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The importance of a great video in PR, and how to create a film that works

3rd July 2013

Video is not an add on for PR campaigns, it is a key component. Andrew Marcus, deputy head of communications at the Museum of London, says that video is firmly integrated into the museum’s consumer and corporate PR work. And there are figures to prove why this is the right strategy: “Research commissioned by Metrica tells us that YouTube is a top-ten media outlet for our target market segments alongside titles as The Sunday Times, Evening Standard and BBC.”

Marcus says these findings underpin the museum’s investment in creating YouTube videos which help to inspire a passion for London, as well as meet two strategic objectives: to reach more people and become better known. “As well as building a great YouTube channel, the videos give the PR team another asset to use for blogger engagement. The History of the Suit and Michael Caine receiving Freedom of the City are two of our recent hits, both of which supported a wider PR and marketing programme and piggy-backed upon important events for London.“

Discussing how videos help the museum achieve corporate aims, Marcus says: “Video helps us bring our corporate messages to life like never before. We have just launched a new five-year plan and not only did we produce a vibrant print and PDF document, but we also signalled our new direction with a video. You’ll see much more video content from the Museum of London as we increase our profile in London, the UK and beyond.”

All modern PR agencies are aware of the power of a great film. As Andy Barr, co-founder of PR agency 10 Yetis says: “Video is now a vital part of cross-platform digital media campaigns. They give us PR folk a great vehicle on which we can hang campaigns. For the last five years we have been supporting big announcements and campaigns with dedicated videos and the media often run these videos in their own right on direct-to-consumer news platforms. PR people are also well positioned to help seed and bring in audiences for client videos via pushes to online media platforms.“

However, Barr offers a key warning before you commission a film: “It is important to remember that if a video is dull it is unlikely to get mainstream consumer interaction. We all have clients that fire us emails that contain the dreaded words "how can we make this viral?" and this is the point where we need to employ some form of Jedi mind trick and explain that nothing really goes viral any more, without a comprehensive and well thought-out seeding campaign."

The secrets of a successful video

Tips from an agency head

Pam Lyddon CEO of digital agency Bright Star Digital says:

Make it interesting. Would you watch it – would your target audience want to watch it? Make content that people will take the time to consume.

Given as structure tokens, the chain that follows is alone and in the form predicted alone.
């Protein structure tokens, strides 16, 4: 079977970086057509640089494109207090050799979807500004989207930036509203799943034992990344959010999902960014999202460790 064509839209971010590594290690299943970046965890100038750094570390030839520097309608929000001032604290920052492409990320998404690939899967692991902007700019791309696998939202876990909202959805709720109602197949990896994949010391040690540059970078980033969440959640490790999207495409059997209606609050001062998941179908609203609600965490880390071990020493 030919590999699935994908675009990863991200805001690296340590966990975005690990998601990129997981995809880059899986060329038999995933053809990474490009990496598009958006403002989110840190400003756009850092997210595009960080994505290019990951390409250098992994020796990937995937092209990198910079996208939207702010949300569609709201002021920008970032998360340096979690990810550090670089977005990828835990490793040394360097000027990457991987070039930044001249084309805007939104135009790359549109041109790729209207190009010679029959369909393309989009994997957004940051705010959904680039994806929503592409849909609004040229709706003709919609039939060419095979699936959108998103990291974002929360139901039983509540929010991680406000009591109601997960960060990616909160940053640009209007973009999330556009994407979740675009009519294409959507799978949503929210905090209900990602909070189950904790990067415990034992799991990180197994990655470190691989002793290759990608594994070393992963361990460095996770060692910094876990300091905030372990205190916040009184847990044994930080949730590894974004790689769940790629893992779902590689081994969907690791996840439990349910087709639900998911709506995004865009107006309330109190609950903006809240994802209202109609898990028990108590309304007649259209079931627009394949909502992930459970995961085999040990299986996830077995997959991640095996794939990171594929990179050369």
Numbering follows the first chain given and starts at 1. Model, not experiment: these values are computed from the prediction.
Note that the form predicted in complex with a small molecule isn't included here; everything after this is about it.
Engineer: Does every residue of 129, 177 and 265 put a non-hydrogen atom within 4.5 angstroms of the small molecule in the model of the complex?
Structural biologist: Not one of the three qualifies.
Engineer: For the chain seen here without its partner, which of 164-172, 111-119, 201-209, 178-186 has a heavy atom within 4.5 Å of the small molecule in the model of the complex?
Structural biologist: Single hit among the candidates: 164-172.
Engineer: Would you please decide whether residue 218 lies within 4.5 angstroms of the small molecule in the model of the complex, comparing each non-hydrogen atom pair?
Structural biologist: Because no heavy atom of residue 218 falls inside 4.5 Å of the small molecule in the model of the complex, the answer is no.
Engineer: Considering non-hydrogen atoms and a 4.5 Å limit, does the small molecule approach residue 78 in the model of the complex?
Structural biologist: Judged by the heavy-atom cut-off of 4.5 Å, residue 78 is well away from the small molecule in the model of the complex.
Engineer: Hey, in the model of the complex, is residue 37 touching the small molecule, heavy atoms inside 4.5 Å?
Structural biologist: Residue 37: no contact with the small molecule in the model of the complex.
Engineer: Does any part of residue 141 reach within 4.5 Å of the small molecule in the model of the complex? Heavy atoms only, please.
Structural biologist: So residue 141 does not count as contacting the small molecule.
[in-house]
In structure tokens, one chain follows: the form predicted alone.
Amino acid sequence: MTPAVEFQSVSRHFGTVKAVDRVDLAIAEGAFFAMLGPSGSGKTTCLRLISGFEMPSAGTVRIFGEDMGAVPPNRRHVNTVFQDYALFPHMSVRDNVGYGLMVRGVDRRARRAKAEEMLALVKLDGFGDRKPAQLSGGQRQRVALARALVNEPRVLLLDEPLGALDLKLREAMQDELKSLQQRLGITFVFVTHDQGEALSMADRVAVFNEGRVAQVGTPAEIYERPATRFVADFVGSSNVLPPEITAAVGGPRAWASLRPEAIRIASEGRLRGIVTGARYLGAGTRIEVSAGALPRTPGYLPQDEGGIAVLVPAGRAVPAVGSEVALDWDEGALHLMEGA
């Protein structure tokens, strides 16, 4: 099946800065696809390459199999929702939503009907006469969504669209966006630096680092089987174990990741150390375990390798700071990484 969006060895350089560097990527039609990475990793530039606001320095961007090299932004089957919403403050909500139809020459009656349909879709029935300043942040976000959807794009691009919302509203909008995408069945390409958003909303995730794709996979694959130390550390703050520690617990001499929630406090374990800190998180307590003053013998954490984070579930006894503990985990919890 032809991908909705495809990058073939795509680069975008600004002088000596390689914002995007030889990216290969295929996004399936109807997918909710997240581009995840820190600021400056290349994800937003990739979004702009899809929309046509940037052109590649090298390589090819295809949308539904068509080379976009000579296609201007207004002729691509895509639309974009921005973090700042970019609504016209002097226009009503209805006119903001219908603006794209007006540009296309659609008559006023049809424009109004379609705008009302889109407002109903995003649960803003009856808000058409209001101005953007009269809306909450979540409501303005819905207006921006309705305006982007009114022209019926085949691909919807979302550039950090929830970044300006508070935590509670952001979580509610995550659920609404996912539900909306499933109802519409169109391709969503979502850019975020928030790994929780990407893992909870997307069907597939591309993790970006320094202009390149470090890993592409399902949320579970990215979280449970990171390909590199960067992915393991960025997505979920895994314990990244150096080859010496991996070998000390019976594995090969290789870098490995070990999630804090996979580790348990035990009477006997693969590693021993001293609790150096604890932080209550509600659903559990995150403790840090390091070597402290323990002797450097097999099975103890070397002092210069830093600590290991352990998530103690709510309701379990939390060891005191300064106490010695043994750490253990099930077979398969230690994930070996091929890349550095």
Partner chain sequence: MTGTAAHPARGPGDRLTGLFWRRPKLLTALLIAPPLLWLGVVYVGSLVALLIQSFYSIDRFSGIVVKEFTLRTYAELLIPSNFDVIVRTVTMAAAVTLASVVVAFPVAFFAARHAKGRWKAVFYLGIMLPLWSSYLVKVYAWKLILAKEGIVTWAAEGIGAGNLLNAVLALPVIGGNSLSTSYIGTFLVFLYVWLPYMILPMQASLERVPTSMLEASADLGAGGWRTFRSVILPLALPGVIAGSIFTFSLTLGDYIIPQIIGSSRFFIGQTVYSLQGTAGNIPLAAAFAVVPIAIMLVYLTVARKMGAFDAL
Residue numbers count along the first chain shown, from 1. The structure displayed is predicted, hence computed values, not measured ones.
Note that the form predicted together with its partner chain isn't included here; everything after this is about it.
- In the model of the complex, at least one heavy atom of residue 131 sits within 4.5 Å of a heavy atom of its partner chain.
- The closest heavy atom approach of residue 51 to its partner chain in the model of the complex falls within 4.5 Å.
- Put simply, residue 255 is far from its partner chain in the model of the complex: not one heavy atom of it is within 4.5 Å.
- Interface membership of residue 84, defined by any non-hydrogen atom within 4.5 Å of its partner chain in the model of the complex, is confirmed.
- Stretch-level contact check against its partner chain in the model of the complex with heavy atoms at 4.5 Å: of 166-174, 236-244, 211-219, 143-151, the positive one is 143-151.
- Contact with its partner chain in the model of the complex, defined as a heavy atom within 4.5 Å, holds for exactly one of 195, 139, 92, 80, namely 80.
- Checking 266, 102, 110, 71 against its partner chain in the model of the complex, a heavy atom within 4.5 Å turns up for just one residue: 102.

Be honest. If you are making content for a client make it watchable otherwise it’s just a corporate video – which is fine if that’s what it’s supposed to be.

Be original. There are lots of cookery videos out there – what will make yours stand out? I recently worked with Warburtons who used real people – a clever strategy that worked.

Beware of too much branding. This is especially important if you are seeding the content. Even if your client wants the brand everywhere, it’s a waste of money, it won’t get picked up and it becomes an ad not a piece of content. People understand that there is a brand behind it, but use it subtly.

Use good production people.

Tips from a director on how to brief a film company

Paul Gowers, writer and director at Buddy Films, says:

Get us in early. This gives us a chance to help you achieve what you want to communicate in the best way both in terms of creativity and cost-effectiveness.

Think about the brief. We need to know who the audience is and under what circumstances they will be watching the video. What do you want them to think and feel as they watch it?

Be realistic about budget. These days you can get an awful lot of technology for your money, but experienced and talented creatives don’t come two a penny.

Be professional. Don’t assume because a film’s going on the internet that the production values can go out of the window. There’s a thin line between looking raw, gritty and cool and just plain amateurish.

Tell a story. Have a strong clear idea running through your video. Don’t think having a celebrity or a stunt is always enough. The right celebrity can attract a lot of views, but there are a lot of them out there competing for attention. An example of a film that works is for Cancer Research UK’s R UV Ugly campaign warning teenagers about the over use of sunbeds. A strong concept replaced a celebrity-led approach and the film became one of the most watched ads on YouTube on the month of its release.


How to use video

James Alexander, head of audio-visual content production at PR agency H+K Strategies:

“Video should not be seen as a priority in its own right, but a vehicle to deliver great ideas and tell compelling stories. If video is the best way to bring a story to life, great, particularly as the demand for content continues to spiral upwards, but it must have purpose and be married with a great idea. That is the biggest priority.”

Kieran Kent, MD at PR agency Propeller:

“Video allows you to communicate complex points in an easy-to-digest format, which will generally require less attention than an article or speech. Great video in my opinion is 90 seconds or less, explains a problem and how a brand/company can provide a solution using visuals which maintain the interest and visible stimulation of the audience.”

Written by Daney Parker

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